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The importance of addressing gingivitis aggressively

It is likely safe to say that patients with gingivitis are in every dental office every day. It is also likely safe to say that gingivitis is not given a significant amount of importance in some dental offices for a variety of reasons including its reversible nature. As clinicians we may put more emphasis on periodontitis, caries and other disease entities that require some form of active therapy.

Progression from gingivitis to periodontitis does not occur in every patient, does not occur in every site and is not automatic. When it does progress; however, the person is now burdened with a chronic, non-curable bacterial infection requiring a lifetime of management.

The most common reason why patients get gingivitis is poor home care. Risk factors such as medication driven xerostomia, smoking and diabetes are certainly contributing factors. Risk factors do not guarantee that an individual will convert from health to disease, but they do elevate the likelihood. Home care efforts and careful dietary choices are important for all, and more so for those with multiple risk factors.

Preventing the progression of gingivitis to periodontitis is among the most important and most predictable ways we can help our patients. The array of tools in our toolbox has never been greater, and other diagnostic and therapeutic modalities will be available to us in the near term. It is not too bold to say that virtually no one should get gingivitis, nor should those with it progress to full blown perio disease. Consider professional and home care items currently at our disposal. We have all manner of cleaning devices to recommend to our patients for essentially any defect requiring biofilm removal. New technologies such as DNA testing (OralDNA give us a lot of important information including; a quantifiable risk assessment, a means of monitoring the effectiveness of our treatment plan, and an outcomes assessment. Proven, incredibly effective biofilm removing tools such as the Philips Sonicare toothbrush tip the balance greatly in the patients’ favor, and give them a real chance of preventing gingivitis from developing and returning those already afflicted to excellent health. Most importantly, our knowledge of the mechanisms and events occurring with perio disease is expanding at a rapid pace, presenting many potential opportunities to intervene.

We now know that the oral contribution to the total inflammatory burden is significant and the effect of inflammation on the entire body can carry significant consequences. We are treating people, not oral cavities and keeping them healthy is literally in our hands. As always, input is welcomed on this and any other posts.
Richard H. Nagelberg, DDS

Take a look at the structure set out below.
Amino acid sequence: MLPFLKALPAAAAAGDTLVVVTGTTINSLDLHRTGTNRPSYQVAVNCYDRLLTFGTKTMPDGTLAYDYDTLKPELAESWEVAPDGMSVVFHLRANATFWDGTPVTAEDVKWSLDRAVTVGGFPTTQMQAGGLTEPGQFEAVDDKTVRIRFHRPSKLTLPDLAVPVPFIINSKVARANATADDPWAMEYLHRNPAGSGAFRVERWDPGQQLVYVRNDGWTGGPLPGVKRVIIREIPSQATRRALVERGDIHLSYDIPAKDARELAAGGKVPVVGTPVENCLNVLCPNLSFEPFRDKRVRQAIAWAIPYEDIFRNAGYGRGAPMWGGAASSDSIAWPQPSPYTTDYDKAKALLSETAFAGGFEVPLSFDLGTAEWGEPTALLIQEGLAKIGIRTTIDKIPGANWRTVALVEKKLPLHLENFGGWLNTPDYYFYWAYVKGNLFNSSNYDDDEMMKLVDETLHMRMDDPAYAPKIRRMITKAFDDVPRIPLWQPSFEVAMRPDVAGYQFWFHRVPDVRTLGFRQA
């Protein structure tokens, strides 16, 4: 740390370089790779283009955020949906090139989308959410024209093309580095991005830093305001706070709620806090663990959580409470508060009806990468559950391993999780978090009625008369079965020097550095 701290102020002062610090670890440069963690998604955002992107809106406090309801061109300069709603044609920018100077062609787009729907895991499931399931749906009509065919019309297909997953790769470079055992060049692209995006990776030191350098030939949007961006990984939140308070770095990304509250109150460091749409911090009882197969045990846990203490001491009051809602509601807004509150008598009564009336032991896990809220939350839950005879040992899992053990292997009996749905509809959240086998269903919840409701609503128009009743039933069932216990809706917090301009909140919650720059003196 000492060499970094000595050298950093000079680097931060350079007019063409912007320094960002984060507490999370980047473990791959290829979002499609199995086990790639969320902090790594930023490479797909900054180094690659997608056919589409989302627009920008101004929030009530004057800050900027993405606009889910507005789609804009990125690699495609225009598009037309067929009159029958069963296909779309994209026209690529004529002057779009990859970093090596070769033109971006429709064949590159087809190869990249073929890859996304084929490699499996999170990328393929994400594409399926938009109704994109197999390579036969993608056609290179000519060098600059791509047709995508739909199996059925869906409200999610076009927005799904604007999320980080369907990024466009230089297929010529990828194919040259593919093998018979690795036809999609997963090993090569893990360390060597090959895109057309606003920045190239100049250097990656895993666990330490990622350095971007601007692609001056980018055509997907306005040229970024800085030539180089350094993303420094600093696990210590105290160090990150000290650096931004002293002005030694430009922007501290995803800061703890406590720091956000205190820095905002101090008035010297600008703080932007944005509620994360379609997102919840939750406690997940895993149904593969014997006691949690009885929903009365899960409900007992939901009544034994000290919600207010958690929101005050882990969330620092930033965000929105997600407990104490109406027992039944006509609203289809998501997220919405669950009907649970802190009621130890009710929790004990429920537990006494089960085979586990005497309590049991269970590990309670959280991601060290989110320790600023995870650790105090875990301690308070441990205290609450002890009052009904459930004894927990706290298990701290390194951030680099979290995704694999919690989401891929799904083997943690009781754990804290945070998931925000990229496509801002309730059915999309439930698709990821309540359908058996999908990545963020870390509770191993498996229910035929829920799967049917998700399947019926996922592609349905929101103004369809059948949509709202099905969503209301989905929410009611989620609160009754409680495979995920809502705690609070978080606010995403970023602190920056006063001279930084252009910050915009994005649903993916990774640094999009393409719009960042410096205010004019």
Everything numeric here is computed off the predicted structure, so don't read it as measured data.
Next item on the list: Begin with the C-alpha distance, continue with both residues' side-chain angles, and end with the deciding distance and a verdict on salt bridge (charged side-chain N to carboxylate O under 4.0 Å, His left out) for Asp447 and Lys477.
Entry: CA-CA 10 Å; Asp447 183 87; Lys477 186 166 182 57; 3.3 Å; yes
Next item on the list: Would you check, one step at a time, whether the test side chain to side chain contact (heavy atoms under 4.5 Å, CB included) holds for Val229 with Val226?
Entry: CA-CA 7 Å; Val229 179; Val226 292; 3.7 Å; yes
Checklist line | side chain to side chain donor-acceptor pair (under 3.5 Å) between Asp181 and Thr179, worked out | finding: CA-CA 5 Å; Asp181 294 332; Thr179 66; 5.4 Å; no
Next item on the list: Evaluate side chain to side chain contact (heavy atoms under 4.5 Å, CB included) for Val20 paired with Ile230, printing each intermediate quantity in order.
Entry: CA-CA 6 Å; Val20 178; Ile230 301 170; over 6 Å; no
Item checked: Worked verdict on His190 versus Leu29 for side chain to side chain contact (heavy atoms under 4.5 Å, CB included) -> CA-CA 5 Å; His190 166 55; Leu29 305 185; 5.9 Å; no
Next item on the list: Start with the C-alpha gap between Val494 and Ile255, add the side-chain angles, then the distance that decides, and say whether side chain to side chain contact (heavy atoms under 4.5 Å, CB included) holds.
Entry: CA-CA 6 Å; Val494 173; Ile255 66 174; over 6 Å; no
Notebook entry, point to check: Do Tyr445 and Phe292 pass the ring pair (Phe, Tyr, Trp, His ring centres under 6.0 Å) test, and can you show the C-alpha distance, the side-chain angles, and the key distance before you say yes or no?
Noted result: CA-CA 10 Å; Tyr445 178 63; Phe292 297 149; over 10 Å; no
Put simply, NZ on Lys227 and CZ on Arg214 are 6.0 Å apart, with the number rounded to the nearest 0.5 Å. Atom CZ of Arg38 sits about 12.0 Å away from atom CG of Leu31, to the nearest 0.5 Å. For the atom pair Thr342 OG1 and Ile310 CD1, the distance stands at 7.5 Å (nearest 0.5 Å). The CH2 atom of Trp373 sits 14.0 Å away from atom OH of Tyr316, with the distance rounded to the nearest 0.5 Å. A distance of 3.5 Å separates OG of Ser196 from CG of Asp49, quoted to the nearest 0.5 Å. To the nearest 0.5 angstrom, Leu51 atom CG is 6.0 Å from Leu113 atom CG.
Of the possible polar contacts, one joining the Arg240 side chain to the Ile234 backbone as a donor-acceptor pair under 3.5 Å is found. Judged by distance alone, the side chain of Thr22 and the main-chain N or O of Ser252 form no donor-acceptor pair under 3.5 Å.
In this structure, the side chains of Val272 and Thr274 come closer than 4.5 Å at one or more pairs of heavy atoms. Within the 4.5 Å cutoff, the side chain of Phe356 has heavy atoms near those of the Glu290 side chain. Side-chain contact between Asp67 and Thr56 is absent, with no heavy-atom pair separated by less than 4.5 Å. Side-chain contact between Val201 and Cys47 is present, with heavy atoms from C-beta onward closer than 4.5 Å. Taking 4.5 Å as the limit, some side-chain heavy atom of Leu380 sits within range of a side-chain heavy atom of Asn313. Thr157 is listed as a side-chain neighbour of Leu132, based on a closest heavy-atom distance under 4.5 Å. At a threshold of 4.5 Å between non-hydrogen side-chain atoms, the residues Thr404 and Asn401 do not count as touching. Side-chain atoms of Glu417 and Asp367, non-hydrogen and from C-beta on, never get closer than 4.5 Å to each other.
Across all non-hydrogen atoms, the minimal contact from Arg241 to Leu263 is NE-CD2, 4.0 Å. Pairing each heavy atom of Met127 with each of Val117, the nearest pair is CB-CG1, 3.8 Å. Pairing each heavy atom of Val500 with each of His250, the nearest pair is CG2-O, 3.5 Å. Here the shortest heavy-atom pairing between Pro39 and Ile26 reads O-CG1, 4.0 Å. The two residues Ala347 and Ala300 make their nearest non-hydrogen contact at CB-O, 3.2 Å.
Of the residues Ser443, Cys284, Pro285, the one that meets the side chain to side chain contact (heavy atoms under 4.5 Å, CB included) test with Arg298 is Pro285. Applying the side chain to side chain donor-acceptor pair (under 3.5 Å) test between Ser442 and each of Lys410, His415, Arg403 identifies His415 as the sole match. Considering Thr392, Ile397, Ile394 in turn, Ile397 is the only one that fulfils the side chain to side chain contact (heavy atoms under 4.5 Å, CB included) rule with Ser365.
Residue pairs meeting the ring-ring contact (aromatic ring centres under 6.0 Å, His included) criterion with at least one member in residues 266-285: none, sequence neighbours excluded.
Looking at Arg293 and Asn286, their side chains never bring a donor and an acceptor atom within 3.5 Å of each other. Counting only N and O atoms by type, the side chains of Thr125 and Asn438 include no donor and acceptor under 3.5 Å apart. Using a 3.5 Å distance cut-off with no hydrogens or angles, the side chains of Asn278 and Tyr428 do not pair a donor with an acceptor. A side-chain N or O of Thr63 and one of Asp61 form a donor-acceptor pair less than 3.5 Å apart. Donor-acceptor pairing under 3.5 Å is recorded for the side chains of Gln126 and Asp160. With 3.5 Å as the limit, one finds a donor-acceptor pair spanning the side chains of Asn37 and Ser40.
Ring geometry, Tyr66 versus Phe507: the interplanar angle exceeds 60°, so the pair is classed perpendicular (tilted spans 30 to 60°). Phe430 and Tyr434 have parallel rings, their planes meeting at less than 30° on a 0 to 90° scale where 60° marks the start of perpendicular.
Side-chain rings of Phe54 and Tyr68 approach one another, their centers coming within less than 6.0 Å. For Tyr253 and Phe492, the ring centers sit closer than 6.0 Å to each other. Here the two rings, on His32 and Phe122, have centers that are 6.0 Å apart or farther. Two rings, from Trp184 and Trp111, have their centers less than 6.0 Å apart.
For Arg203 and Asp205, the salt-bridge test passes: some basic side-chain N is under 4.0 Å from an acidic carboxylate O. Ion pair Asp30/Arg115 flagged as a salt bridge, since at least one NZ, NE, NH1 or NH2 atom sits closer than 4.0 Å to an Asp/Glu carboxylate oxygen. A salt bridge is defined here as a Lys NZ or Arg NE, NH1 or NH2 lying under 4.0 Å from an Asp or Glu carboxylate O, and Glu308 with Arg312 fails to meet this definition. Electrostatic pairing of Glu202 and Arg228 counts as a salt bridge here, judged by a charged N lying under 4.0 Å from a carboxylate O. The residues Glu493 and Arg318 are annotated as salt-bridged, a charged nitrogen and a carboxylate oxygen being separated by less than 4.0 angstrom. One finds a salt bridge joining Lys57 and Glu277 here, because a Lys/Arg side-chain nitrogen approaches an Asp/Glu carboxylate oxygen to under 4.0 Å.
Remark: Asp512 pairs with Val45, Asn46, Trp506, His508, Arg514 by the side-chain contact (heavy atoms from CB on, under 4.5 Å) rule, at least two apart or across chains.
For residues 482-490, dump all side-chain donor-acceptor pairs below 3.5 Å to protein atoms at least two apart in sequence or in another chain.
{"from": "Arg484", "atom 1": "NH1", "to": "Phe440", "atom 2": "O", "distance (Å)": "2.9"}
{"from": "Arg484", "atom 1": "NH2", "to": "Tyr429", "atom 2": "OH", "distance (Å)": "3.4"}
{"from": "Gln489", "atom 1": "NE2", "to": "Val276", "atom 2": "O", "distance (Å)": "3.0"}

Every patient, every time, any level of periodontal disease

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Comment by Kimberly Miller on October 23, 2009 at 10:13pm
Great Blog Rich!!! I agree we do need to treat Gingivitis more aggressively and when we suggest treatment for it that involves office visits we should be prepared to dialogue with the patient about the lack of insurance assistance for this treatment. Currently, insurance companies are not providing any assistance with Gingivitis since there is no jaw bone damage. The RDH and DDS should present the treatment as fee for service, until bone loss occurs. Ask the patient... do you want to wait until bone damage is present or treat it now. Some patients will want to role the dice. Thanks for reminding us how important it is to treat early!
Comment by Richard H. Nagelberg on October 23, 2009 at 8:42am
Thank you for your kind words Sarah. It is great to hear from other providers such as yourself, who are of the same clinical opinion......namely the importance of preventing disease progression. I address gingivitis so much more diligently than I used to. I previously underestimated its importance. Thanks again. R
Comment by Sarah on October 23, 2009 at 8:33am
What a fantastic post, this is exactly how I am trying to address each and every patient in our practice. Thank you for writing this!
Comment by Richard H. Nagelberg on October 21, 2009 at 7:50pm
Thanks for your kind words. Vicki. It is easy to get caught up in the minute details of dental procedures and materials and lose sight of the real reason we are doing what we are doing. It is always about the person.
Comment by Vicki Cheeseman on October 21, 2009 at 1:36pm
Dr. Nagelberg,
Thank you for your blogs. I read them regularly and learn from them all. The best part -- from a patient's perspective -- is that you remember you are "treating people, not oral cavities..."


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